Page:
States-parties to the Biological Weapons Convention (BWC) have agreed to an agenda for the treaty’s review conference this fall that will include an article-by-article review of the convention. They also left open the possibility of continuing the recent practice of scheduling intersessional meetings between this review conference and the next one, anticipated in 2011.
Seventy-eight states-parties to the treaty banning the development, production, and stockpiling of biological weapons met April 26-28 in Geneva, Switzerland, to resolve several procedural matters, including the dates of the review conference and the adoption of its agenda. The review conference will take place Nov. 20–Dec. 8. in Geneva and will be the convention’s sixth since its entry into force in 1975. Ambassador Masood Khan of Pakistan was selected as the preparatory committee’s chairman and was nominated to be president of the review conference.
Working by consensus, the preparatory committee sought to adopt an agenda while sidestepping the issue of continued U.S. resistance to the negotiation of a verification protocol to the treaty. During the last review conference in 2001, the United States had announced that it would not support the work of the Ad Hoc Group, which had been negotiating such a protocol. (See ACT, January/February 2002.)
According to observers at the preparatory meeting, almost all states-parties tried to avoid antagonizing the United States, and most states-parties were willing to set aside the discussion of verification issues. At the same time, the United States did not move to end the Ad Hoc Group’s mandate, which is technically still in effect. However, the group has not met since prior to the 2001 review conference.
During the April meeting, the states-parties used the previous review conference’s agenda as a base text. According to U.S. and non-U.S. observers, all of the parties except Iran readily agreed on a set of changes for this year’s agenda that removed some explicit references to the work of the Ad Hoc Group and verification. But Iran was unable to get support for its position from any other states-parties, including those that continued to support the negotiation of a verification protocol.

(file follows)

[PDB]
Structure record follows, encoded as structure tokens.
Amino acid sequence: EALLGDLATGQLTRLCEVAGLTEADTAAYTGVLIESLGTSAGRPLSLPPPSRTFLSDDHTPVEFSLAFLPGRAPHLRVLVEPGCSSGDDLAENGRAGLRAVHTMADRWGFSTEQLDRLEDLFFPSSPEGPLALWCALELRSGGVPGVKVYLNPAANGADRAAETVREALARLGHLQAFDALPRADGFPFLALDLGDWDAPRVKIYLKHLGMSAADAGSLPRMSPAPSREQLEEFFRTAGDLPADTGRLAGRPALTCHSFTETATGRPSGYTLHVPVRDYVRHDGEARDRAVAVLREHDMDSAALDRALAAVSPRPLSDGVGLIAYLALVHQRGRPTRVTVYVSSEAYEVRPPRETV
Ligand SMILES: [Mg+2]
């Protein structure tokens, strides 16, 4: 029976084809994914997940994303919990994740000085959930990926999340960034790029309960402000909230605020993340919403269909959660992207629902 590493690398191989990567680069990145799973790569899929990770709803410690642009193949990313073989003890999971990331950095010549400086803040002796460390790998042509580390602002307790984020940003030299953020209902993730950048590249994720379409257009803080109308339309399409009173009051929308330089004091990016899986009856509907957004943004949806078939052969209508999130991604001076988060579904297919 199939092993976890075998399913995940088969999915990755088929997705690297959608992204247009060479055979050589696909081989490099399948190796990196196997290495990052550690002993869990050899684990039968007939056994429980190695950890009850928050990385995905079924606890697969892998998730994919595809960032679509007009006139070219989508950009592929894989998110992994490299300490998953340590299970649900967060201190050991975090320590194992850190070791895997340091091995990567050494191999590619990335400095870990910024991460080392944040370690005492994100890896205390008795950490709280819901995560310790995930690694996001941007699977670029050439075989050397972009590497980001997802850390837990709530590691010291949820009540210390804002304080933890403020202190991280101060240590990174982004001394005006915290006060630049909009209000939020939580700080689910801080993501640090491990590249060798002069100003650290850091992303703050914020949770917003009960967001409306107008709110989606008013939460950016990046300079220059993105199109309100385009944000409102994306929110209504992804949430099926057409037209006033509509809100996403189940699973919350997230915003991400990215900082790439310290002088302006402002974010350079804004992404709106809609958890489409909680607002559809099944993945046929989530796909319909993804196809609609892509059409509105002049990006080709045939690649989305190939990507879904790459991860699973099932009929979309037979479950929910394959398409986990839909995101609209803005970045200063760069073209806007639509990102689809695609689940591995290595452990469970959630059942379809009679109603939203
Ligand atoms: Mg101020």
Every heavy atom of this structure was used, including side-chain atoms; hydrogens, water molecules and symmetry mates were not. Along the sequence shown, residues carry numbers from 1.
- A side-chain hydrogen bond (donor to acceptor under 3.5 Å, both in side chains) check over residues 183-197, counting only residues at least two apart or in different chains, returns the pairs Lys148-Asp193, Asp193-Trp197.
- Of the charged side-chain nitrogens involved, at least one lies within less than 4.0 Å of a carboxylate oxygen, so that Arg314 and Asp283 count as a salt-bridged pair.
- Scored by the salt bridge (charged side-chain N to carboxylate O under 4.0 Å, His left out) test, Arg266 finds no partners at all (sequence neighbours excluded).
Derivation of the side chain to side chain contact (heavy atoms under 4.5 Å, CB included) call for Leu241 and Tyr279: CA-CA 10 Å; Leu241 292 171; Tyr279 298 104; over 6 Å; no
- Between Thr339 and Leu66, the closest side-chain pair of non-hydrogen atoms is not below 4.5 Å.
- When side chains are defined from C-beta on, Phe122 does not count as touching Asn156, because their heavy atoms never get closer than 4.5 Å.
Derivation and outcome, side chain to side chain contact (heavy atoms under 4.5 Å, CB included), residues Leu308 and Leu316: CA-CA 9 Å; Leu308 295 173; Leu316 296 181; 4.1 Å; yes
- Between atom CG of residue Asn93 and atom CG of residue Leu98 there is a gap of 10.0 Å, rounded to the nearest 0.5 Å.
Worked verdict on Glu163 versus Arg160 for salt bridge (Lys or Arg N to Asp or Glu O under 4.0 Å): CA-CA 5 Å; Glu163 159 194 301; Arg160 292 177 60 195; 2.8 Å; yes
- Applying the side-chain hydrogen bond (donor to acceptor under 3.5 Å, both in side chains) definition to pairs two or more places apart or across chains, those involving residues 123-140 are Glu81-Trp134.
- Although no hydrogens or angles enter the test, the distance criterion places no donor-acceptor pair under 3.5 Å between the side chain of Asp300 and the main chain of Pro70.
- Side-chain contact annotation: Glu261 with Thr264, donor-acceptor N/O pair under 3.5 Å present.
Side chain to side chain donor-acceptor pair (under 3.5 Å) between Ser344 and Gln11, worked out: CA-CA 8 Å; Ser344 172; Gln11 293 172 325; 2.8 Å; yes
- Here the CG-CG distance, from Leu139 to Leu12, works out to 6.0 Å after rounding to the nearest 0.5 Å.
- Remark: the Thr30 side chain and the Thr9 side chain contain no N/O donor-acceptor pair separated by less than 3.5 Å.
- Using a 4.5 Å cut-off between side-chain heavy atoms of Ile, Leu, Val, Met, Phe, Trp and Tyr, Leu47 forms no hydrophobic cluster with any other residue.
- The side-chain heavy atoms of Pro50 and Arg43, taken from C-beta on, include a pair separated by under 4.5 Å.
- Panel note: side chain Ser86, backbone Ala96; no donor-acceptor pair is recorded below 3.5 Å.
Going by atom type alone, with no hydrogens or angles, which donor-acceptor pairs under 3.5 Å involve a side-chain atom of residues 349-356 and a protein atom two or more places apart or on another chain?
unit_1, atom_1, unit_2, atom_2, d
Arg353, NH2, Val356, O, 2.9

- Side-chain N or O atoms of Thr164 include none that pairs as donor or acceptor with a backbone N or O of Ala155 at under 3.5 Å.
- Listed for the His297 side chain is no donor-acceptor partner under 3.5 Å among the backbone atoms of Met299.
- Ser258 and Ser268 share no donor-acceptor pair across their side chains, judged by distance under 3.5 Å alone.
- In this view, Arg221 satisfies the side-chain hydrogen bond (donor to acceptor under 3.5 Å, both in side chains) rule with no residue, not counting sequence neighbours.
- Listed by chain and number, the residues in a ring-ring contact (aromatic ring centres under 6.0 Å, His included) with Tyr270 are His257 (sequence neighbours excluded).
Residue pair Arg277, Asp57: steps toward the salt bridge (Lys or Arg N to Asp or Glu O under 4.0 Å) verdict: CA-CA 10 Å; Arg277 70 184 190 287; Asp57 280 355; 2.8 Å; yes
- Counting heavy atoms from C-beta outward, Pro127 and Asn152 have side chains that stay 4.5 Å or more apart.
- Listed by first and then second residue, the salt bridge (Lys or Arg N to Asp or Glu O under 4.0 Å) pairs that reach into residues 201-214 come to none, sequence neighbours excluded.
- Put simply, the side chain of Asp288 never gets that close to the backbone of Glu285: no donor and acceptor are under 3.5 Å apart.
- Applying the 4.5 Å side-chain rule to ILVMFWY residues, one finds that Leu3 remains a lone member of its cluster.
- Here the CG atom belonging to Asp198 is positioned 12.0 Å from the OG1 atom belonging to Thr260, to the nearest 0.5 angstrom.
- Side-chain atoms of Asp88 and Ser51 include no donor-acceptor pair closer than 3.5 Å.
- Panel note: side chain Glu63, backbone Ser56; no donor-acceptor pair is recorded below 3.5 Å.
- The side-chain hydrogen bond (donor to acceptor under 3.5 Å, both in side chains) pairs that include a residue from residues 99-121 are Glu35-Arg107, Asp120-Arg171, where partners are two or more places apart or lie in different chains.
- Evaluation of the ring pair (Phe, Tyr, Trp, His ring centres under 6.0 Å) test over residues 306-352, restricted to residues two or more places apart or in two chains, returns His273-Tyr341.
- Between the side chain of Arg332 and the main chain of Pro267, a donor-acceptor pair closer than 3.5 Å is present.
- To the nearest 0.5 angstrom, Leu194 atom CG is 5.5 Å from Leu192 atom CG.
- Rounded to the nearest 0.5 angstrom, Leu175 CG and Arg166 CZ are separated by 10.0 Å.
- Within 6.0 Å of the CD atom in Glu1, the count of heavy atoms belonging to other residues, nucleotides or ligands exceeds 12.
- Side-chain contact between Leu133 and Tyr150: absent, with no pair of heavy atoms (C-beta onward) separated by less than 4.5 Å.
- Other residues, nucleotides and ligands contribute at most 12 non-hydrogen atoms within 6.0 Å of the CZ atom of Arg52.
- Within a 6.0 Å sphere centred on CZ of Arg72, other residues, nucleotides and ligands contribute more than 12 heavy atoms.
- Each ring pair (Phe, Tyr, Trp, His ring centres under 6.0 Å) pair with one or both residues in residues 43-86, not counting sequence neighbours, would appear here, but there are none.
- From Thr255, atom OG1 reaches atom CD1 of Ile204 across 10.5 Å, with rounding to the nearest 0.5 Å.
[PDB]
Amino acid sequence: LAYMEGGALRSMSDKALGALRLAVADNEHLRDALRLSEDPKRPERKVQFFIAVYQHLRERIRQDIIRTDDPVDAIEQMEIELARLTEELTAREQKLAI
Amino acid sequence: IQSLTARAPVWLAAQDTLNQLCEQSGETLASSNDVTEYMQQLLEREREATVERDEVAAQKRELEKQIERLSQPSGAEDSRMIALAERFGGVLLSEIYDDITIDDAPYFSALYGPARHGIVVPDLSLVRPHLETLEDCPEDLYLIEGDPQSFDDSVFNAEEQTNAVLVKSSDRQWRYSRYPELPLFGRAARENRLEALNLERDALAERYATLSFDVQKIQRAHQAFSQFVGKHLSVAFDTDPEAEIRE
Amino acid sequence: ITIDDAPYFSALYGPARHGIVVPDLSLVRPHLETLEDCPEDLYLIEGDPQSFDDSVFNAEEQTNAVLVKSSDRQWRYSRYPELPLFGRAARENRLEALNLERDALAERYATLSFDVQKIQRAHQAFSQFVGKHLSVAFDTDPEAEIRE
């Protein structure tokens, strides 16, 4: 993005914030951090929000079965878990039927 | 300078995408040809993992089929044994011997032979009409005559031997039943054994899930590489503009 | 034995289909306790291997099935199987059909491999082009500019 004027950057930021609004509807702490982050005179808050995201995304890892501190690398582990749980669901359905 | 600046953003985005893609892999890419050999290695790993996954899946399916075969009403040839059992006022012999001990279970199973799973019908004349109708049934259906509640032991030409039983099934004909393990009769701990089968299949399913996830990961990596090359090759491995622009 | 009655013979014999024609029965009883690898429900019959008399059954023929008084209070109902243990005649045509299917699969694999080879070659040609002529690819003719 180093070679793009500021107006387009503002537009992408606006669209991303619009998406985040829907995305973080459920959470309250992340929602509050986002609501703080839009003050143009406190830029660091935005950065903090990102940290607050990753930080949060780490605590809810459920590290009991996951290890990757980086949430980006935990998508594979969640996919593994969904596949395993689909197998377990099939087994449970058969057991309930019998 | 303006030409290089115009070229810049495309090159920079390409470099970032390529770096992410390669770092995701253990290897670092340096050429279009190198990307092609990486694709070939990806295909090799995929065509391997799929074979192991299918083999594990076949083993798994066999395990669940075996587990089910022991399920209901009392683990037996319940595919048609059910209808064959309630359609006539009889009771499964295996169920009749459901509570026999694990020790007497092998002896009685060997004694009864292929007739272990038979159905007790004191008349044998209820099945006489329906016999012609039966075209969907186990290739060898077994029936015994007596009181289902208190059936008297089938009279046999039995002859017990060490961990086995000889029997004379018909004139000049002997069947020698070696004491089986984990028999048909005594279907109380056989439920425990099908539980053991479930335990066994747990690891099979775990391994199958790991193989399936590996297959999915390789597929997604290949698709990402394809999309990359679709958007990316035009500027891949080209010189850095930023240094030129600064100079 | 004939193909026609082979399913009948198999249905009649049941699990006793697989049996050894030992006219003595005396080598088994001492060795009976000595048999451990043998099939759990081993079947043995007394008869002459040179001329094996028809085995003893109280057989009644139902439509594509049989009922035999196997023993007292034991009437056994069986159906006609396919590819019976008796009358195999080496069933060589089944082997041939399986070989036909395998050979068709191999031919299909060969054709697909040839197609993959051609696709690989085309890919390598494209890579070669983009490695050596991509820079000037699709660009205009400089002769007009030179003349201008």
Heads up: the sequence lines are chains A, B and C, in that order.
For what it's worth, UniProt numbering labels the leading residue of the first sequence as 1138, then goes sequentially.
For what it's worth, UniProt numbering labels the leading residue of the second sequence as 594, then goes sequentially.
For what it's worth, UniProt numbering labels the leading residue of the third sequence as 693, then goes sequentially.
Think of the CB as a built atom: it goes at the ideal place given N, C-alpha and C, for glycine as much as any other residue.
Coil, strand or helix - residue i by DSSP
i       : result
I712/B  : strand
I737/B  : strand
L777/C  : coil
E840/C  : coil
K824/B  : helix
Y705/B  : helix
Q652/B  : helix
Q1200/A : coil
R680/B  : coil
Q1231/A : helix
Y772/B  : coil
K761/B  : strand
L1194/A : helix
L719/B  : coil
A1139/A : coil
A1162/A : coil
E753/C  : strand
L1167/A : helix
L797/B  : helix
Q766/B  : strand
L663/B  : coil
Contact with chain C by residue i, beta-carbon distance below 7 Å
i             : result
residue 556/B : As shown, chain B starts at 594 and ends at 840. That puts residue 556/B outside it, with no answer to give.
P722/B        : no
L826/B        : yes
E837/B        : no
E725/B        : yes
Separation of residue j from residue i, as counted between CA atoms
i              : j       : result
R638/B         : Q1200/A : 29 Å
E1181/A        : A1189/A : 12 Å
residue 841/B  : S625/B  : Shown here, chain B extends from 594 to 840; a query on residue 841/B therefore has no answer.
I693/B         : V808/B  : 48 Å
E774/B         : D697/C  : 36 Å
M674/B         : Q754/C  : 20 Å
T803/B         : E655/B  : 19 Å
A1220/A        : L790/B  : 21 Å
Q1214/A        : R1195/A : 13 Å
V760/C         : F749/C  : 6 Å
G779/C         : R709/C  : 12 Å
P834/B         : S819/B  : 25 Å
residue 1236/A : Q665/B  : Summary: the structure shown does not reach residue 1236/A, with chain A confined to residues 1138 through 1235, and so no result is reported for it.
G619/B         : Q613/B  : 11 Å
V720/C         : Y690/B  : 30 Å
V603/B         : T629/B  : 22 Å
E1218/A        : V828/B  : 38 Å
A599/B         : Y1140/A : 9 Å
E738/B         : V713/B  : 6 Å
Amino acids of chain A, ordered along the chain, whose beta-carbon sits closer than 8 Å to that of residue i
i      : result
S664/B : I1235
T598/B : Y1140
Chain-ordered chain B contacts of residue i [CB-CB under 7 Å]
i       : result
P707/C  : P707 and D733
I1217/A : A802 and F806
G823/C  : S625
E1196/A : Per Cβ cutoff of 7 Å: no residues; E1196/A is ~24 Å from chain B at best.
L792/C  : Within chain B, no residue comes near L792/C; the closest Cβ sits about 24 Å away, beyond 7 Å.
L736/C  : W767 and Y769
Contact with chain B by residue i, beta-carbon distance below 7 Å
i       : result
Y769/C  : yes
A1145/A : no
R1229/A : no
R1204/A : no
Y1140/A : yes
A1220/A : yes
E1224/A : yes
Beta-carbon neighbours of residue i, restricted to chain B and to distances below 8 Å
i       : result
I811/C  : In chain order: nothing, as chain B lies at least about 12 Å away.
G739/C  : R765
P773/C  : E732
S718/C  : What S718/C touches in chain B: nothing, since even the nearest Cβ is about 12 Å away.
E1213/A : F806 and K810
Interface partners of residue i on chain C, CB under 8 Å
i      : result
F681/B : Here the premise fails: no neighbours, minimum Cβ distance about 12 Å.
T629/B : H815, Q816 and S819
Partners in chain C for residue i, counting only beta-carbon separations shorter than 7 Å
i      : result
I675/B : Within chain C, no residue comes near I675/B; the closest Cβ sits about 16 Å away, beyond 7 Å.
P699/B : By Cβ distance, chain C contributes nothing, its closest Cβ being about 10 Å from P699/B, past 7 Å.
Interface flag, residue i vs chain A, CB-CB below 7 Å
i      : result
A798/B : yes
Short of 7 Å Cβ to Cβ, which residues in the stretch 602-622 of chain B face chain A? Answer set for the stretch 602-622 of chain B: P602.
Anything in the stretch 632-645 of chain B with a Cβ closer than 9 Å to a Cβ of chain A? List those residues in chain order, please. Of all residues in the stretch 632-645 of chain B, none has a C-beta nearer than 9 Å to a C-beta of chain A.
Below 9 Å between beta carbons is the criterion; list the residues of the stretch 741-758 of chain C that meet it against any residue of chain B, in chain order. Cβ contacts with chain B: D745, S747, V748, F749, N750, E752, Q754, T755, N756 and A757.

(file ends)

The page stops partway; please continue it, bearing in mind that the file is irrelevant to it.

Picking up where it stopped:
In the end, the states-parties adopted an agenda that reflected the U.S. desire not to revisit the issue of verification.
The agenda makes no explicit reference to the intersessional work program adopted in 2002. But Richard Lennane, the secretary of the preparatory committee, said that states-parties could address the findings of those meetings during the article-by-article review or by using a procedural mechanism in the agenda. States-parties could also use the procedural mechanism to propose additional intersessional meetings, Lennane said.
Based on the limited number of statements from states-parties, it is clear that there is strong interest in continuing the series of meetings, even if it is not clear at this point what the future topics of those meetings might be.
Many delegations welcomed the adoption of an agenda especially after the problems that plagued the 2005 nuclear Nonproliferation Treaty (NPT) Review Conference. The failure of the NPT preparatory committee to adopt an agenda paralyzed the NPT review conference for nearly a week while the states-parties worked to adopt an agenda and address other procedural matters. (See ACT, June 2005.)
“There were three positive outcomes from the meeting,” said Lennane. In addition to the adoption of the agenda, the states-parties agreed that the conference would last a full three weeks and ordered the preparation of three additional background papers to serve as a basis of common understandings.
Three weeks would be enough time to “allow the conference to conduct a full and thorough review of the convention,” Lennane said. In addition, the papers would detail developments in other international organizations and compile the additional understandings reached at previous review conferences. “We won’t have to reinvent the wheel again,” he said.
Some question, however, whether the convention is enough to address the rapidly changing life sciences field. A May 2 UN report from Secretary-General Kofi Annan called for “a forum that will bring together the various stakeholders” in government, industry, academia, and public health to address the issue of biological terrorism. Such a forum would be better able to manage the threat from nonstate actors, the report said.During the 2005 annual meetings, the BWC states-parties addressed the issue of codes of conduct for the life sciences, but the UN report called this effort and those by various national and international organizations and professional unions “diffuse.” (See ACT, January/February 2006.) According to the report, “[t]he approach to fighting the abuse of biotechnology for terrorist purposes will have more in common with measures against cybercrime than with the work to control nuclear proliferation.”